Thoughts on ticking of subspecies

General birdwatching discussion, help with bird identification, and all other things relating to wild birds and birding in NZ that don't fit in one of the other forums.
fras444
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Thoughts on ticking of subspecies

Postby fras444 » Tue Jun 09, 2020 10:00 am

Talking about Subspecies which I am fascinated in...

I'd love to here your thoughts on ticking off multiple subspecies, nationalising our more unique endemic subspecies and protecting our subspecies from a influx arrival of a subspecies from Australia....

For example....

Can you or would you tick off a Boobook in Australia and a Morepork in New Zealand, Silver Gull in Australia and a red-billed gull in New Zealand... OR... If you came across a banded Pied shag from Australia happily content on living in a fresh water environment miles from the coastline... (haha how would you know he or she was happy being in fresh water...) and for that matter, a Australian banded Little Pied shag.
Imagine if you came across a clearly banded Australian Little shag/Pied shag hanging out with their New Zealand relatives. Would you be tempted to tick off two species of Black shag if you were to come across an Australian banded Black shag, are they be unique enough to list them in the Bird sightings and alerts section, are they unique enough to nationalise them as our very own endemic species.
If you came across a flock of banded Australian or New Caledonian Fairy tern at Mangawhai... Would DOC need to be informed to prevent another subspecies from potentially interbreeding and wiping out another Subspecies..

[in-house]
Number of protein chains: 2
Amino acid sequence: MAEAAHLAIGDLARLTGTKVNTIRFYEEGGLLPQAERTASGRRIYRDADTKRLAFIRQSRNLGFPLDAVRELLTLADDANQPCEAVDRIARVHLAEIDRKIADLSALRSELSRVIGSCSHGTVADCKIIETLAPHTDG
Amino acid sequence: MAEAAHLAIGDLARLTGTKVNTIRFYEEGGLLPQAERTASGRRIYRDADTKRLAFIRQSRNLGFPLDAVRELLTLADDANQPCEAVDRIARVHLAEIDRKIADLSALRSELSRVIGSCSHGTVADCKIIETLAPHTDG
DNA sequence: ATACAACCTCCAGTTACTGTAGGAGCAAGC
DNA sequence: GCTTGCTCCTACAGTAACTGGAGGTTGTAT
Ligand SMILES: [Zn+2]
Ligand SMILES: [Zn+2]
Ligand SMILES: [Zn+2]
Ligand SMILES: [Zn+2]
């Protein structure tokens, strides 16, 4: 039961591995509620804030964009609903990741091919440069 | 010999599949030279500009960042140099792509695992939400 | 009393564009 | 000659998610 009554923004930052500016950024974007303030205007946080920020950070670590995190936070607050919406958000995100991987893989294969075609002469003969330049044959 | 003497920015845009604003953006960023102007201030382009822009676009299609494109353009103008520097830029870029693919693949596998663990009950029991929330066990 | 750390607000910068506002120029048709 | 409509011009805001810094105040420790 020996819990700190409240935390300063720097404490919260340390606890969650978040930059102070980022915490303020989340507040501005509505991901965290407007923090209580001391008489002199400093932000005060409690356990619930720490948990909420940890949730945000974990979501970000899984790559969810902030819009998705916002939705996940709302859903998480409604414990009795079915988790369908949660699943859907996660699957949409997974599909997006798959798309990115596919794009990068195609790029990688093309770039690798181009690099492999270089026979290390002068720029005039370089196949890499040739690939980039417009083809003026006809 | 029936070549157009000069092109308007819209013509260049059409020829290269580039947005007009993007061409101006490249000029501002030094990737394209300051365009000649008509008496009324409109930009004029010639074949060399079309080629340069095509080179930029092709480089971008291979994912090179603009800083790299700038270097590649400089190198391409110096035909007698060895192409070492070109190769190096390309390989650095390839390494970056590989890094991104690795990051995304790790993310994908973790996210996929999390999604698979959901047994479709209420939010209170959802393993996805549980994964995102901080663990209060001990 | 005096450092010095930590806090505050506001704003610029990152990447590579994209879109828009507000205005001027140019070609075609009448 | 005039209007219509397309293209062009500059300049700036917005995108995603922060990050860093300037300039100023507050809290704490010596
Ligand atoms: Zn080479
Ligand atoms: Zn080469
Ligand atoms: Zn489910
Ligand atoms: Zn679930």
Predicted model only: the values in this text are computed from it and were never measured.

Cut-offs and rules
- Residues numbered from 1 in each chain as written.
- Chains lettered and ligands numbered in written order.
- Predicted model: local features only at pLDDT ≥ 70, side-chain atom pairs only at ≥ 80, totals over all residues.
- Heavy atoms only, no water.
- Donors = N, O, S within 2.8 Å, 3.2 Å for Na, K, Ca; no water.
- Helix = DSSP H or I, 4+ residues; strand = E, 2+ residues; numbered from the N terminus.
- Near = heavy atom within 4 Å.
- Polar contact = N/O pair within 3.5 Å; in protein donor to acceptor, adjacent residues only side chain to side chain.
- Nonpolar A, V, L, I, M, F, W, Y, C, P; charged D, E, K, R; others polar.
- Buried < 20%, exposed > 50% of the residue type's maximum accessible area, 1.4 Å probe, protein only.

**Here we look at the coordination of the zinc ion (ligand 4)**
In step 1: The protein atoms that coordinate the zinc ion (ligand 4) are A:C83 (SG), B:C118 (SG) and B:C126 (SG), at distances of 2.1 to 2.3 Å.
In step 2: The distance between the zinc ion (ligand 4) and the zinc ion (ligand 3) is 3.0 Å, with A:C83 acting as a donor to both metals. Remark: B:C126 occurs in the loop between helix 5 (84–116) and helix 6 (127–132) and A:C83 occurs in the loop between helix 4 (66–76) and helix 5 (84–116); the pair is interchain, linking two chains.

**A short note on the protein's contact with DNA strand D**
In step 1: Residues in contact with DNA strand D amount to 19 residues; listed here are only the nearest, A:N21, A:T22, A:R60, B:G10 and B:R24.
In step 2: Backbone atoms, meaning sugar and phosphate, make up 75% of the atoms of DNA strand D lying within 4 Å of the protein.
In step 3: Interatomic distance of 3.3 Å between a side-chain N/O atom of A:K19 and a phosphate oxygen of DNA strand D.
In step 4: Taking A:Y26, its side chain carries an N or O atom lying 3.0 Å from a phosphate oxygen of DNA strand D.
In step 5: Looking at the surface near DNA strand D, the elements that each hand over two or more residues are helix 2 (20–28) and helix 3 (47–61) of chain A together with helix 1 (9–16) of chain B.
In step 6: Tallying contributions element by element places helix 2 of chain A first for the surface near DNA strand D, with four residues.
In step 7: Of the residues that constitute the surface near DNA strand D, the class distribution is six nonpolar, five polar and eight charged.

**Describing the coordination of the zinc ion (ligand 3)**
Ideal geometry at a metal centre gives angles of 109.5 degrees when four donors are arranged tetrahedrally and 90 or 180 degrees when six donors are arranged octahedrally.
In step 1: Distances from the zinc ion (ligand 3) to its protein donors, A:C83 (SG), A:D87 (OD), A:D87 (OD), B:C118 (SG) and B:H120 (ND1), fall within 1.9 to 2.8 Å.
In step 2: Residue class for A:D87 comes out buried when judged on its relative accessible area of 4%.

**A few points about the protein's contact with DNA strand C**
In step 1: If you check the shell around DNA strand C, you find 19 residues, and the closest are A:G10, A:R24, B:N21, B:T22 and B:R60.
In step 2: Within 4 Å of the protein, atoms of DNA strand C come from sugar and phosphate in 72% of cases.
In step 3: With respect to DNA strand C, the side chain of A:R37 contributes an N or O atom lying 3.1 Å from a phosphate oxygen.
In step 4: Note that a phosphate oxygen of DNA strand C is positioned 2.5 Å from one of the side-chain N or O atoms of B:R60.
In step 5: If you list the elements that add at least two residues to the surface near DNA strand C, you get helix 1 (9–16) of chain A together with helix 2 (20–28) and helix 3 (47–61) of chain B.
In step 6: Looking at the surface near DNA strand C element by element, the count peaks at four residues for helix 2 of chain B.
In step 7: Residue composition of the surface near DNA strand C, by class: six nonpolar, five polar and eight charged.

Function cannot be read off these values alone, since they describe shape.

Some very interesting but very unlikely situations that we are very unlikely to come across but something that should be discussed should these events ever take place... Imagine seeing a banded Boobook in Kaitaia....
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RussCannings
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Re: Thoughts on ticking of subspecies

Postby RussCannings » Fri Jun 12, 2020 6:56 am

Hi Fraser,

I'm not sure what you mean by 'nationalising endemic subspecies '-- do you mean making a collective decision to elevate them to species status? And by 'ticking ' are you referring to a competitive life list or just the simple act of noting what one sees? I would hope that anyone who could confirm beyond a doubt than a cryptic foreign vagrant had reached our shores, would record this information and share. That would be exciting for sure.

Depending on your taxonomy, morepork (which includes Tasmanian birds) can indeed be considered a separate species from Southern Boobook.

With my ebird reviewer cap on though, I would implore that anyone wishing to enter birds on their checklists at the sub specific level, to only do so when there are multiple subspecies possible in that region AND the ID is possible. Particularly since most people cannot articulate the difference between the NZ form and others. For instance many people seem to want to enter things like Black-backed (Kelp) Gull, European Goldfinch, or Sacred Kingfisher to the ssp level when they can't actually list any unique diagnostic features. So in sum, no need to overcomplicate things sometimes.

Banded birds are fine :)

Russ
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AlanShaw